Our meniscus is one of the most commonly injured sections of our bodies. Menisci are tiny pads found at the junction of the two major bones of the knee.
They perform critical activities such as forming a harmonic joint in the knee, supporting the load, and allowing rotation in multiple directions.
Menisci can rupture in mutual contact sports like football due to knee rotation, folding in abrupt movements, and stress on one knee.
In athletes, these injuries may be accompanied by anterior cruciate ligament (ACL) injuries.
In the older age group, menisci may tear due to degeneration and cartilage damage in the knee without any trauma.
In addition, tears with degeneration can occur in all age groups without trauma.
The inner meniscus is wider and thicker. It is also firmly attached to the inner lateral ligament. Therefore, it is injured and torn more often than the more mobile outer meniscus.
Symptoms and complaints
Knee swelling and pain
Joint movement limitation
Noise from the knee during joint movements
Tenderness with pressing on the menisci on the inner and outer sides of the knee
Sticking or locking when a torn piece of the meniscus falls into the joint.
Tell your doctor how it all started and with what trauma. Your knee will be examined with various maneuvers. X-rays may be ordered for differential diagnosis and an MRI to visualize the menisci. MRI gives us about 80-90% accurate information about the menisci. Arthroscopic examination may be recommended in cases where the knee remains locked. Meniscus tears can be of several types. Tears can be horizontal, segmented, oblique, bucket handle shaped.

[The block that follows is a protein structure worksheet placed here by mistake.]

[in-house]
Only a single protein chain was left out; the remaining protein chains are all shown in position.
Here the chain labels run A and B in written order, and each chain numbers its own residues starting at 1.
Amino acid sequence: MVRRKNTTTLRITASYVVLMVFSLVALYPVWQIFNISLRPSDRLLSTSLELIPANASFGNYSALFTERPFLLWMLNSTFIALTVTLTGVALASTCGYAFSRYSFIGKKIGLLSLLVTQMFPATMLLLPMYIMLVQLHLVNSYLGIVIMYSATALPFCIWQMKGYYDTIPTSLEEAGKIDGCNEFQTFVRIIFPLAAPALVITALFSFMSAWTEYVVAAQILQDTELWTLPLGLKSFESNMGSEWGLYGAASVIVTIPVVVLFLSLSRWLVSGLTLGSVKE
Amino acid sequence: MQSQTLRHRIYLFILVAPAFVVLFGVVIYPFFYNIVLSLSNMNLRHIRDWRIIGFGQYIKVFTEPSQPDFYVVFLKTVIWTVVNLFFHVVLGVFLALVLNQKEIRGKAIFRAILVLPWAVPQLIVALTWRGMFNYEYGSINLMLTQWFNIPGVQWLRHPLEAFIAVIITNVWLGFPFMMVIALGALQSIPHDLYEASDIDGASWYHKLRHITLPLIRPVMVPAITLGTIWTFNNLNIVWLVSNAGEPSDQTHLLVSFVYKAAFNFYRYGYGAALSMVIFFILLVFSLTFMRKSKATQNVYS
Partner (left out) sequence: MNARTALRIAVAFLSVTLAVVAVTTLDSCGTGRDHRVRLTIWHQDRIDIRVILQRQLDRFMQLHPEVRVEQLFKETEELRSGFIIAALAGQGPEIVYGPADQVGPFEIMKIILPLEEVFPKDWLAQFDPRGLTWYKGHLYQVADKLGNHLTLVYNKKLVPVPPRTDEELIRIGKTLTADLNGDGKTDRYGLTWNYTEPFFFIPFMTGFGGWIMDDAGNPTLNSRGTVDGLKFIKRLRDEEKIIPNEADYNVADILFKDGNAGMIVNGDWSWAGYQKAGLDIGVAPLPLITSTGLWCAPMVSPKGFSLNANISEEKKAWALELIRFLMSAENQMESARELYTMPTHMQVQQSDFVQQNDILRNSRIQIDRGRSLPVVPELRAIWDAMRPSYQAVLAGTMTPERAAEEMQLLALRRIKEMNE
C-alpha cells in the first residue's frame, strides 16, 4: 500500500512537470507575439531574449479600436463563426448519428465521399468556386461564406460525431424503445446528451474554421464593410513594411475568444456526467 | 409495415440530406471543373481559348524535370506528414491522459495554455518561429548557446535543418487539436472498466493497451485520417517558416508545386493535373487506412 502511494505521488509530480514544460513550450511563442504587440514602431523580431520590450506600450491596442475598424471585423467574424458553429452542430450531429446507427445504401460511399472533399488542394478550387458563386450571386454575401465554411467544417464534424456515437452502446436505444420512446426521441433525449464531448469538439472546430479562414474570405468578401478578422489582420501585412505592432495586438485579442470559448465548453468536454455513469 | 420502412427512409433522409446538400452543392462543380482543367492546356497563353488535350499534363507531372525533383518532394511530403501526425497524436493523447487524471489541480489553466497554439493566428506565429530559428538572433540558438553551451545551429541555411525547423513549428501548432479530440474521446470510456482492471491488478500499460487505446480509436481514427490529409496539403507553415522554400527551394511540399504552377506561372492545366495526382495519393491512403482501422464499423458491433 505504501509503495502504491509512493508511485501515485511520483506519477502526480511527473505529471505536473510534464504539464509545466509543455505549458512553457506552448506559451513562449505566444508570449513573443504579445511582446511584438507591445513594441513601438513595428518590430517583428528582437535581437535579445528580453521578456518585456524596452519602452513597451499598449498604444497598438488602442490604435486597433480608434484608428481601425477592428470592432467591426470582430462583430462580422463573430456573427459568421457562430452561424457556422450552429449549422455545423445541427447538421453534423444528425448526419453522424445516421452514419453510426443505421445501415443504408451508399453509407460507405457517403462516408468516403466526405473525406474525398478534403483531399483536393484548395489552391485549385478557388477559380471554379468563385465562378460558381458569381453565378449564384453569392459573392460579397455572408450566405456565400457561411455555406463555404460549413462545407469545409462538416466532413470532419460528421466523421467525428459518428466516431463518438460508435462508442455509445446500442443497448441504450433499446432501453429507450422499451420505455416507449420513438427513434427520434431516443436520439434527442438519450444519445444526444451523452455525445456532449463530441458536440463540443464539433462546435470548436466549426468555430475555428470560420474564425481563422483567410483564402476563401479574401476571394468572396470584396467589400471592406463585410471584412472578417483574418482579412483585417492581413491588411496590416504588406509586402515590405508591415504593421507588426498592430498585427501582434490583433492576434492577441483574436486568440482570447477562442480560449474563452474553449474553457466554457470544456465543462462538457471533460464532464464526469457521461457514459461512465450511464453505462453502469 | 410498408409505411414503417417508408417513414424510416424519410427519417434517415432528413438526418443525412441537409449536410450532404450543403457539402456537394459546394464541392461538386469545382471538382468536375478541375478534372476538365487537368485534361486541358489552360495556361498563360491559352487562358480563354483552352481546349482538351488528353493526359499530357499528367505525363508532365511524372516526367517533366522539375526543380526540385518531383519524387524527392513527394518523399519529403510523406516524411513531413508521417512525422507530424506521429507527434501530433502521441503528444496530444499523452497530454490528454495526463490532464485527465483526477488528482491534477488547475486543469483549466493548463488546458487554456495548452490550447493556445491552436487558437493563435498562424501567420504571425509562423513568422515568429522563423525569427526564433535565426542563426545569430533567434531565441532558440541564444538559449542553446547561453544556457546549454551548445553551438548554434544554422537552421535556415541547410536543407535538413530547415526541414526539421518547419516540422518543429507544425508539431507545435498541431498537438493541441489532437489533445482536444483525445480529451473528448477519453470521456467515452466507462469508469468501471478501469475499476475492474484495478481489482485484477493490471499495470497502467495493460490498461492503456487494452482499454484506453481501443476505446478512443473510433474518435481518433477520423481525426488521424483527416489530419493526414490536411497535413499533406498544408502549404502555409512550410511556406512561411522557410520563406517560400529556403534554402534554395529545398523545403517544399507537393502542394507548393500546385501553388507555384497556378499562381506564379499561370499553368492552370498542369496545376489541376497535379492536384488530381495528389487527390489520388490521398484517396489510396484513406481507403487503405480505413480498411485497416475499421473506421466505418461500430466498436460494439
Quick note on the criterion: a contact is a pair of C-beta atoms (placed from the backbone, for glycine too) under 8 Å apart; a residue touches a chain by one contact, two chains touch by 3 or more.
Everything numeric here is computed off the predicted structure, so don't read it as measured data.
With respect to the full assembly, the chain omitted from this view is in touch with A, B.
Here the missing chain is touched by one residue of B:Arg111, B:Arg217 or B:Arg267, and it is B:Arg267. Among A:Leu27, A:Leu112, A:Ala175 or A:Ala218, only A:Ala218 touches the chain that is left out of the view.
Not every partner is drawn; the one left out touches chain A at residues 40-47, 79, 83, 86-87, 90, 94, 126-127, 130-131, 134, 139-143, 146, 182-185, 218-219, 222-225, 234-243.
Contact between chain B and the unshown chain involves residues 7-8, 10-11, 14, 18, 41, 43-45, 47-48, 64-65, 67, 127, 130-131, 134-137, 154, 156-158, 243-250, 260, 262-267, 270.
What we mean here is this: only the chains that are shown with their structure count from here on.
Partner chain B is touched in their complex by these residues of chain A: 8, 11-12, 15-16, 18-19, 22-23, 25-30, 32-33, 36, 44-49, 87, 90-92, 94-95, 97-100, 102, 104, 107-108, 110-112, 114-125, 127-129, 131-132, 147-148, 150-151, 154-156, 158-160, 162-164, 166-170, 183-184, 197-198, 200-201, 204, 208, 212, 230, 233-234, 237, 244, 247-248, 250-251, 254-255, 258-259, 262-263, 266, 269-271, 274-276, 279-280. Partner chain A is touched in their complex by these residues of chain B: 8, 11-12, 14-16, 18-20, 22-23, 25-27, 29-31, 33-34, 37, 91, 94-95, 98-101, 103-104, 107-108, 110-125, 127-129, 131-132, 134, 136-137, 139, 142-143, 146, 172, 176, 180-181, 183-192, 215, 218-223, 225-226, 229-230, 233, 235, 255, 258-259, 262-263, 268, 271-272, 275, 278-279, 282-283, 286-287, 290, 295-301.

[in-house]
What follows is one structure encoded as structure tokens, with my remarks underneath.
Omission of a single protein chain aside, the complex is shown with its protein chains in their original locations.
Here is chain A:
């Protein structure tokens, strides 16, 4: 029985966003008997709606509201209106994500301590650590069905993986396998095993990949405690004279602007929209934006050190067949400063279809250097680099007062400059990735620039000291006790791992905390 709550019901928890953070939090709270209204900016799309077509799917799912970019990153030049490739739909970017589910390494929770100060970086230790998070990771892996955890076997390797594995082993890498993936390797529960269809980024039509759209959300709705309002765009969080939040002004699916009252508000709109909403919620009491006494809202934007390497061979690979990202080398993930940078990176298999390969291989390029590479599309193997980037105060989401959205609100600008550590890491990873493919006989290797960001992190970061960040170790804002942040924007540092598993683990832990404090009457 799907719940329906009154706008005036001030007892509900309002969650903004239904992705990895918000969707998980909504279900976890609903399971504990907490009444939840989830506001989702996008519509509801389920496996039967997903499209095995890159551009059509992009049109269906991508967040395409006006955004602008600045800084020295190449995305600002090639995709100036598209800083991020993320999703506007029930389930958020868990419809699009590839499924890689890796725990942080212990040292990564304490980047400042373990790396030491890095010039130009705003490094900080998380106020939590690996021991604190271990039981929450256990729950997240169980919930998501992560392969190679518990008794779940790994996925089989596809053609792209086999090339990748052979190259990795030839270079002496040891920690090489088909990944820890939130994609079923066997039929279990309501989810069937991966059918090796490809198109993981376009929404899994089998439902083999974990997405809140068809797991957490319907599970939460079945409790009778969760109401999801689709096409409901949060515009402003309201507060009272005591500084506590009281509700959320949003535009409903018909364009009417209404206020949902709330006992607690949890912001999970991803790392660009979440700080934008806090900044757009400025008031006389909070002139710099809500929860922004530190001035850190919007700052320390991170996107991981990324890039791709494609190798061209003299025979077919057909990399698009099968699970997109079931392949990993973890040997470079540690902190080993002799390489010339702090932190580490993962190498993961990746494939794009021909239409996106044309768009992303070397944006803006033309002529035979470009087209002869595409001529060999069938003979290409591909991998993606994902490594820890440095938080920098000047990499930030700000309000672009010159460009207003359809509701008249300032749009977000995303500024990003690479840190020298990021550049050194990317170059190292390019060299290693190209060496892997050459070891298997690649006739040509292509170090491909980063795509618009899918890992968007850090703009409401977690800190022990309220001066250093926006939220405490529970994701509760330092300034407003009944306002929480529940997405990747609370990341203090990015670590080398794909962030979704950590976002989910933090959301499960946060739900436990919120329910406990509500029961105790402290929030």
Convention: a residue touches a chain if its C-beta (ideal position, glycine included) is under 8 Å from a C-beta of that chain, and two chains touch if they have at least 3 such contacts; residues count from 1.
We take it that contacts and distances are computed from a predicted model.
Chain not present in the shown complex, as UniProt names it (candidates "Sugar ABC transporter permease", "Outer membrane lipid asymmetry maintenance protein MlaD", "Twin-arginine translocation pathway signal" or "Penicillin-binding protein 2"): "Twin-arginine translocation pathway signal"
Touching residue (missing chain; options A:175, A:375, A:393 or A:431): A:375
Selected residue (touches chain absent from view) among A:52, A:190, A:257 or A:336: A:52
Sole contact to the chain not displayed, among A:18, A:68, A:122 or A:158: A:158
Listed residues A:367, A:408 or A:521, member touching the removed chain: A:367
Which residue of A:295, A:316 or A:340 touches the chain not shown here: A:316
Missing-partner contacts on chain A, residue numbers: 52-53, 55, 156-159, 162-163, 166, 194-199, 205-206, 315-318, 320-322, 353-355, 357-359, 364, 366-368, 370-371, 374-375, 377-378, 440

Initial treatment of meniscus tears
The knee should be kept above the level of the heart.
After being transferred to the operating room, the patients are sedated, the leg is wiped and covered for a sterile environment, and the arthroscopy equipment are installed. This takes about 40 minutes on average. The operation takes from 30 minutes to an hour on average.This time may be longer if other problems in the knee (such as cartilage, ligament lesions) are operated at the same time. After the operation, patients are kept in the recovery room for 30 minutes-1 hour and then taken to their rooms.
2. Stitching the meniscus; 2/3 outer part of the meniscus shows healing potential. This area performs 90% of the meniscus functions. Therefore, tears in this area should be sutured as much as possible.
The advantage is that the meniscus heals close to the original and provides a long-term knee performance.
The disadvantages are that crutches should be used for 6-8 weeks after surgery, the sutured tear does not heal in 10% of patients and it takes 3-4 months to return to sports.
The basic rule is that all meniscal tears that can be sutured should be sutured and not removed.